Q: Why is organic important?
JM: Organic purchasers understand the value of sustainability—the value of reducing your environmental footprint—and they also value that they’re not ingesting any form of chemicals. It’s a healthier product for them to consume. So the health-ness is a huge issue, and then there’s the respect to building up our soils and our environment. It’s a philosophical purchasing decision for some people as well as a health decision
LA: First of all, just basic work safety—I’m not working in hazardous conditions. There’s no exposure to harsh chemicals and fertilizers. Because I’m growing what I’m eating and eating what I’m growing, organic means I’m safe every day.
And then…It just tastes cleaner to me. It’s growing in a more holistic manner. It’s not being force-fed nutrients. Organic food takes a little longer to grow, but with the slower grows comes density of nutrition, and I feel like I can taste that. You know, I can tell when I get conventional spinach at a restaurant—it tastes more watery. With organic spinach, there’s a lot of fiber, a lot of dark green color…It’s grown in a more stable way and it tastes that way.
Q: How did you get involved in growing?
JM: I originally was a buyer for a chain of retail stores in Northern Indiana, and I bought plant material for them. One day, I decided it was time for a career change, and I crossed the fence over to working at a large greenhouse in Indiana. First, in sales, and then I went into operations.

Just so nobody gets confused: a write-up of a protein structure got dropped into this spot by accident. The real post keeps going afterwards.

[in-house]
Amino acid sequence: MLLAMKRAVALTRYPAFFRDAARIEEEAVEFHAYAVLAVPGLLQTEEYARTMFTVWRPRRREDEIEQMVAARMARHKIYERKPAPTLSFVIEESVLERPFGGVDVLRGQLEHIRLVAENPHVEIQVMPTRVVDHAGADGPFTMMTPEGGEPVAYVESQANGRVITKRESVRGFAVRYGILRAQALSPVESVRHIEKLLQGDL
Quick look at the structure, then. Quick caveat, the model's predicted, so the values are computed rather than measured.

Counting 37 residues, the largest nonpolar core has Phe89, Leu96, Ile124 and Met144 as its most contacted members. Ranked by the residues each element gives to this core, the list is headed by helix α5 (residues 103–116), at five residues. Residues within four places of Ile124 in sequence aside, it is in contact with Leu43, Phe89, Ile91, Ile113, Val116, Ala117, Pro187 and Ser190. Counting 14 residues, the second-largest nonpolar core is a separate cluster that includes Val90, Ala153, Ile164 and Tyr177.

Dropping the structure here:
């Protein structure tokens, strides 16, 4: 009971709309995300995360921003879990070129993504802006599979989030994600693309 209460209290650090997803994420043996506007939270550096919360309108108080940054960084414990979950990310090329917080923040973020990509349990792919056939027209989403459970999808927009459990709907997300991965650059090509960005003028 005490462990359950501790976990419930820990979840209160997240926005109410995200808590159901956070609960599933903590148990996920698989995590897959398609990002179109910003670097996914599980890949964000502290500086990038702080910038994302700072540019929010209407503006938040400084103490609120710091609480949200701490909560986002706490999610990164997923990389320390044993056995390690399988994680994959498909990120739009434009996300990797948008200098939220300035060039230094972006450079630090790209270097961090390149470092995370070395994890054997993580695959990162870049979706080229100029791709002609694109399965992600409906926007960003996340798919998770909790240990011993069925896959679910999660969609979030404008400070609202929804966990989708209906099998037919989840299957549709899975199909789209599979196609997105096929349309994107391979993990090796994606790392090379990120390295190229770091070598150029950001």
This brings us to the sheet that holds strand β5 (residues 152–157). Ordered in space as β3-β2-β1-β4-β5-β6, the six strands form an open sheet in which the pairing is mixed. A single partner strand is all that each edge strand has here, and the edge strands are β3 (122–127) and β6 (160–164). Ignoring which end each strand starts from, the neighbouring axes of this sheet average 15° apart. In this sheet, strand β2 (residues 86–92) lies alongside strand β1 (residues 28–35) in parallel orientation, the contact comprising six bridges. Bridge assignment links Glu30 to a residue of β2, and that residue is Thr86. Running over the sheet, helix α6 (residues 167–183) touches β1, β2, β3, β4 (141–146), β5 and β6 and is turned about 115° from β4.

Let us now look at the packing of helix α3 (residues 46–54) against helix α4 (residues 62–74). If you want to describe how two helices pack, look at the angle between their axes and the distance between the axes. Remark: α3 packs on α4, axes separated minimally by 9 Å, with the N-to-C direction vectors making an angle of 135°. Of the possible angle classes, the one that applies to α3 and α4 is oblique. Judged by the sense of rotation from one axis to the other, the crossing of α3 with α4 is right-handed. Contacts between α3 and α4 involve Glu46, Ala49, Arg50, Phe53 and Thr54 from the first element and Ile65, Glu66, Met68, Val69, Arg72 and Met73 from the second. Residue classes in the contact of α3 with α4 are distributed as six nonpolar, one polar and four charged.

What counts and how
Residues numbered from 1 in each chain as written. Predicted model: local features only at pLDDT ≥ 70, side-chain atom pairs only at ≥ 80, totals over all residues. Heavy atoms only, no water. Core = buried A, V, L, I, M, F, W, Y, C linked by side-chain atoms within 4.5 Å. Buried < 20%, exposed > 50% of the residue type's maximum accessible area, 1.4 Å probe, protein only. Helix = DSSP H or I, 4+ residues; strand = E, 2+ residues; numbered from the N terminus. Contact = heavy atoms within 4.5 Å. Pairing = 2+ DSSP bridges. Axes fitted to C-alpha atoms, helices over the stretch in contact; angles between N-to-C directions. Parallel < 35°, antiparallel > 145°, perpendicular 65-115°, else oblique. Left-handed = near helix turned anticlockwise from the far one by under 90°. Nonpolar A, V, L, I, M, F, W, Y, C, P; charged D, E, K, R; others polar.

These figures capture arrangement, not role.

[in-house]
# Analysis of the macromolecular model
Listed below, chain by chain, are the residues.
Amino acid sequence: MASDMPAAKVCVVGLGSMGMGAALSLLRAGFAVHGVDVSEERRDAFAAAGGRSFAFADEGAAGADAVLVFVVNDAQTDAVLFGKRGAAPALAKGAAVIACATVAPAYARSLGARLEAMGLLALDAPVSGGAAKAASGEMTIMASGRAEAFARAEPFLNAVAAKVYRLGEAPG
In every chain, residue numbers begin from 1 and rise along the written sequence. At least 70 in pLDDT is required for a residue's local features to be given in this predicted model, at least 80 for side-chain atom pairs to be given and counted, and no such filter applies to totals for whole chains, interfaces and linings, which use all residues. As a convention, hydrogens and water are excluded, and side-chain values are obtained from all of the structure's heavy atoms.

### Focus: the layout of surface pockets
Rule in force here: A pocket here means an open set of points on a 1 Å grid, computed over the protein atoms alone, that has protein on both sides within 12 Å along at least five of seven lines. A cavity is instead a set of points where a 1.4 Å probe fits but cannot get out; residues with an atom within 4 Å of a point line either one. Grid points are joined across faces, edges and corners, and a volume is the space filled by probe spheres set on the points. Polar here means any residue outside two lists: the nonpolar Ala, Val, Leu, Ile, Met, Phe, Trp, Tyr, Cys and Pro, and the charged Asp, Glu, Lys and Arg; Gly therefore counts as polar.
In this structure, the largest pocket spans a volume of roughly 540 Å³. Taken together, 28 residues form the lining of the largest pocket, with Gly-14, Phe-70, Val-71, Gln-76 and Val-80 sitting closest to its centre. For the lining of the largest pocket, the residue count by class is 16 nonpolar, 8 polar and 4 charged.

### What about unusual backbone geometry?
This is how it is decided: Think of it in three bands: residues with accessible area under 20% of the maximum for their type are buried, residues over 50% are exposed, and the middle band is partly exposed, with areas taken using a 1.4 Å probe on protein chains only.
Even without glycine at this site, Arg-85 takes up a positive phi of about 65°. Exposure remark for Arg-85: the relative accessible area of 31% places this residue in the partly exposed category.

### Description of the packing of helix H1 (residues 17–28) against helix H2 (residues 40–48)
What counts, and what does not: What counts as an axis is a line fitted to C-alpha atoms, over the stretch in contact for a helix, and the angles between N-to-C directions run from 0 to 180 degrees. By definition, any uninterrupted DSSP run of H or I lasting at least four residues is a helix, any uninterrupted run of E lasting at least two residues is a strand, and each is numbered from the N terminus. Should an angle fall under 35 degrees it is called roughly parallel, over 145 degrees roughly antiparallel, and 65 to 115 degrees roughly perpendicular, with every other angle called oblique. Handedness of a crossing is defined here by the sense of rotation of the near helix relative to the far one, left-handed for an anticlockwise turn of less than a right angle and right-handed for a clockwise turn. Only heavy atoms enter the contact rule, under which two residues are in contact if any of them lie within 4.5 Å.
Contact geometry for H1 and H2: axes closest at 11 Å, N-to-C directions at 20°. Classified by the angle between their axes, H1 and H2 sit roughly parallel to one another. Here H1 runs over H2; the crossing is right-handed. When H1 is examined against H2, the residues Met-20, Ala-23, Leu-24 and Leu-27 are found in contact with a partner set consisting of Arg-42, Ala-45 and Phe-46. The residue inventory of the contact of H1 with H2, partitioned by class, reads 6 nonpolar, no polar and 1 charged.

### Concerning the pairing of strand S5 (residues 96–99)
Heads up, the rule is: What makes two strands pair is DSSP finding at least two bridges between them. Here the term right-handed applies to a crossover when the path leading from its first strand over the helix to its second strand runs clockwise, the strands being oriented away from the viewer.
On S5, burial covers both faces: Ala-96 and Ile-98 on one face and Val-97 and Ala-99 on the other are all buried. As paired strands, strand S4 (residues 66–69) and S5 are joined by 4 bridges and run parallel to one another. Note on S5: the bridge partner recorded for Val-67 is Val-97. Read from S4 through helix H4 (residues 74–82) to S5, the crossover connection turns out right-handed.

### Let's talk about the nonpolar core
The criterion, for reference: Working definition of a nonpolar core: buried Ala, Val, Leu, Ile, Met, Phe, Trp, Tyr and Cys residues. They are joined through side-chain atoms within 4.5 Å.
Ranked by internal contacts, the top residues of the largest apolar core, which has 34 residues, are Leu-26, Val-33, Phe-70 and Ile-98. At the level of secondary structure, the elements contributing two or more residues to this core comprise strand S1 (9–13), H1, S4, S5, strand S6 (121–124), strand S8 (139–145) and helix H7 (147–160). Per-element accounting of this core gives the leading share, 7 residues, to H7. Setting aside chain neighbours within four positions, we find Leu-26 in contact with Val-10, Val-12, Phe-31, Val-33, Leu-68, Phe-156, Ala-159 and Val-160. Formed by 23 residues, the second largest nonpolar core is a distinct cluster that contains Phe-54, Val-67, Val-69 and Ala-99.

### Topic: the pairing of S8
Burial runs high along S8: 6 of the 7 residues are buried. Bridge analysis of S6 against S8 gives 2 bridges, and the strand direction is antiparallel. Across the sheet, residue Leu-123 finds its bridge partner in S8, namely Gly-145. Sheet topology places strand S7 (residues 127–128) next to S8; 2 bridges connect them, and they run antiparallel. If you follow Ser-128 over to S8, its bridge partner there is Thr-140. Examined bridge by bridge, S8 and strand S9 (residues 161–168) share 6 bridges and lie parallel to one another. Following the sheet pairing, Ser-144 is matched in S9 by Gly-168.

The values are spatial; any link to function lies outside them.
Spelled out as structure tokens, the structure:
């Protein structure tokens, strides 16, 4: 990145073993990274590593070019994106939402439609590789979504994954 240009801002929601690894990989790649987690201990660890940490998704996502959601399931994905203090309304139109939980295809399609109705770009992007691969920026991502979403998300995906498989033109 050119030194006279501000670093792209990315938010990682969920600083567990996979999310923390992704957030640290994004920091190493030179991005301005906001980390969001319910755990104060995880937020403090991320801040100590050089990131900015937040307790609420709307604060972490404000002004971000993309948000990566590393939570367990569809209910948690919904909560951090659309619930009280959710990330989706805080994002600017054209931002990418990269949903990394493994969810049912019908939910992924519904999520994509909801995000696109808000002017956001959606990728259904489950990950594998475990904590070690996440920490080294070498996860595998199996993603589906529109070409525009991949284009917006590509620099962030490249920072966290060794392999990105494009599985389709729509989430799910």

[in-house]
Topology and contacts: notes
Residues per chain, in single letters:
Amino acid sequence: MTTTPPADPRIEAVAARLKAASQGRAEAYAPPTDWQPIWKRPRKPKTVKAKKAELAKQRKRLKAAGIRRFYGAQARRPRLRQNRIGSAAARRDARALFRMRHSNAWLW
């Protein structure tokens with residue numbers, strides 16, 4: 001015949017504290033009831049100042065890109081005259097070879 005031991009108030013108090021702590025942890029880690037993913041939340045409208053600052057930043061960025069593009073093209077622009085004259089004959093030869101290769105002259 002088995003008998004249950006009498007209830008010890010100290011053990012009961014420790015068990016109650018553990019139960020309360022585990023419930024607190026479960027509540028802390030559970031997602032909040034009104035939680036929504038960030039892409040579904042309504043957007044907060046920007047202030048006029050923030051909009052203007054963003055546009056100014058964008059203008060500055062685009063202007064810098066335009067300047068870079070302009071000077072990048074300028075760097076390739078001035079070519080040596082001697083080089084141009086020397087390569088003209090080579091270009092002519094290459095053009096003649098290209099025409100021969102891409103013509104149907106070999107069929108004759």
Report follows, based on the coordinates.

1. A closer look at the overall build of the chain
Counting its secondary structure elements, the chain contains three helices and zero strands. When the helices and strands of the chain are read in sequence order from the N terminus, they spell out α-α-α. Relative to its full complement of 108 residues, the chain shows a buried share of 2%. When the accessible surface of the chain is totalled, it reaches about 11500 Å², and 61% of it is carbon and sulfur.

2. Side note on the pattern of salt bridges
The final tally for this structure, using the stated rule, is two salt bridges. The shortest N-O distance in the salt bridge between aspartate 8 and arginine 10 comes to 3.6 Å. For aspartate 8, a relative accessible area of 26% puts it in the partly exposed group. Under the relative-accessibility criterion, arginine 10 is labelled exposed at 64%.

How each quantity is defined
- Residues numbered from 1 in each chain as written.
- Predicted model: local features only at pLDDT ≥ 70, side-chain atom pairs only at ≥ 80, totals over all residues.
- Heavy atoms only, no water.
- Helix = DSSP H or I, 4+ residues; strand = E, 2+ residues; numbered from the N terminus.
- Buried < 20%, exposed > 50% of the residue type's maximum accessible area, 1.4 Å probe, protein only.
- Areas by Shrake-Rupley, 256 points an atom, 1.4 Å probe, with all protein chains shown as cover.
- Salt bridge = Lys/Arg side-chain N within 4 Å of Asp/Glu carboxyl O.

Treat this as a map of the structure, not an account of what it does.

I grew up in a farm family in Indiana, so gardening and family has always been huge parts of my life. My immediate family raised poultry and beef cattle. In my extended family…my grandparents did dairy. With that was grain farming, and maybe hog farming—whatever we could make money on.
LA: Well, I studied arts management in school. I worked in gallery and museum for a couple years. When I dipped my toes in the gallery business, I just discovered that it wasn’t the right fit for me. So I took some time off to go work on a farm—you know, that thing 20-year-olds do—and It just felt right. It felt like everything I was missing in the gallery business. I was outside in the sunshine, I was eating well, I was constantly moving, it just felt really good.
I worked on a farm in Kentucky, and it was a really good opportunity to learn from a seasoned organic farmer. It was like an apprenticeship—it was learning by doing. Then I continued to teach myself and took a lot of workshops. There’s a lot of good education for farmers that doesn’t require school.
Q: Favorite herb/veggie?
JM: I like peppers. I’m a peppers guy. Sweet peppers and tomatoes.
LA: I wanna say Kale. But it’s a tie with sweet peppers. They’re not too strong—always crunchy, little bit sweet, little acidic, and they’re SO good for you. They’re really high Vitamin C.
For more information on what organic really means (and whether you should eat it), click here.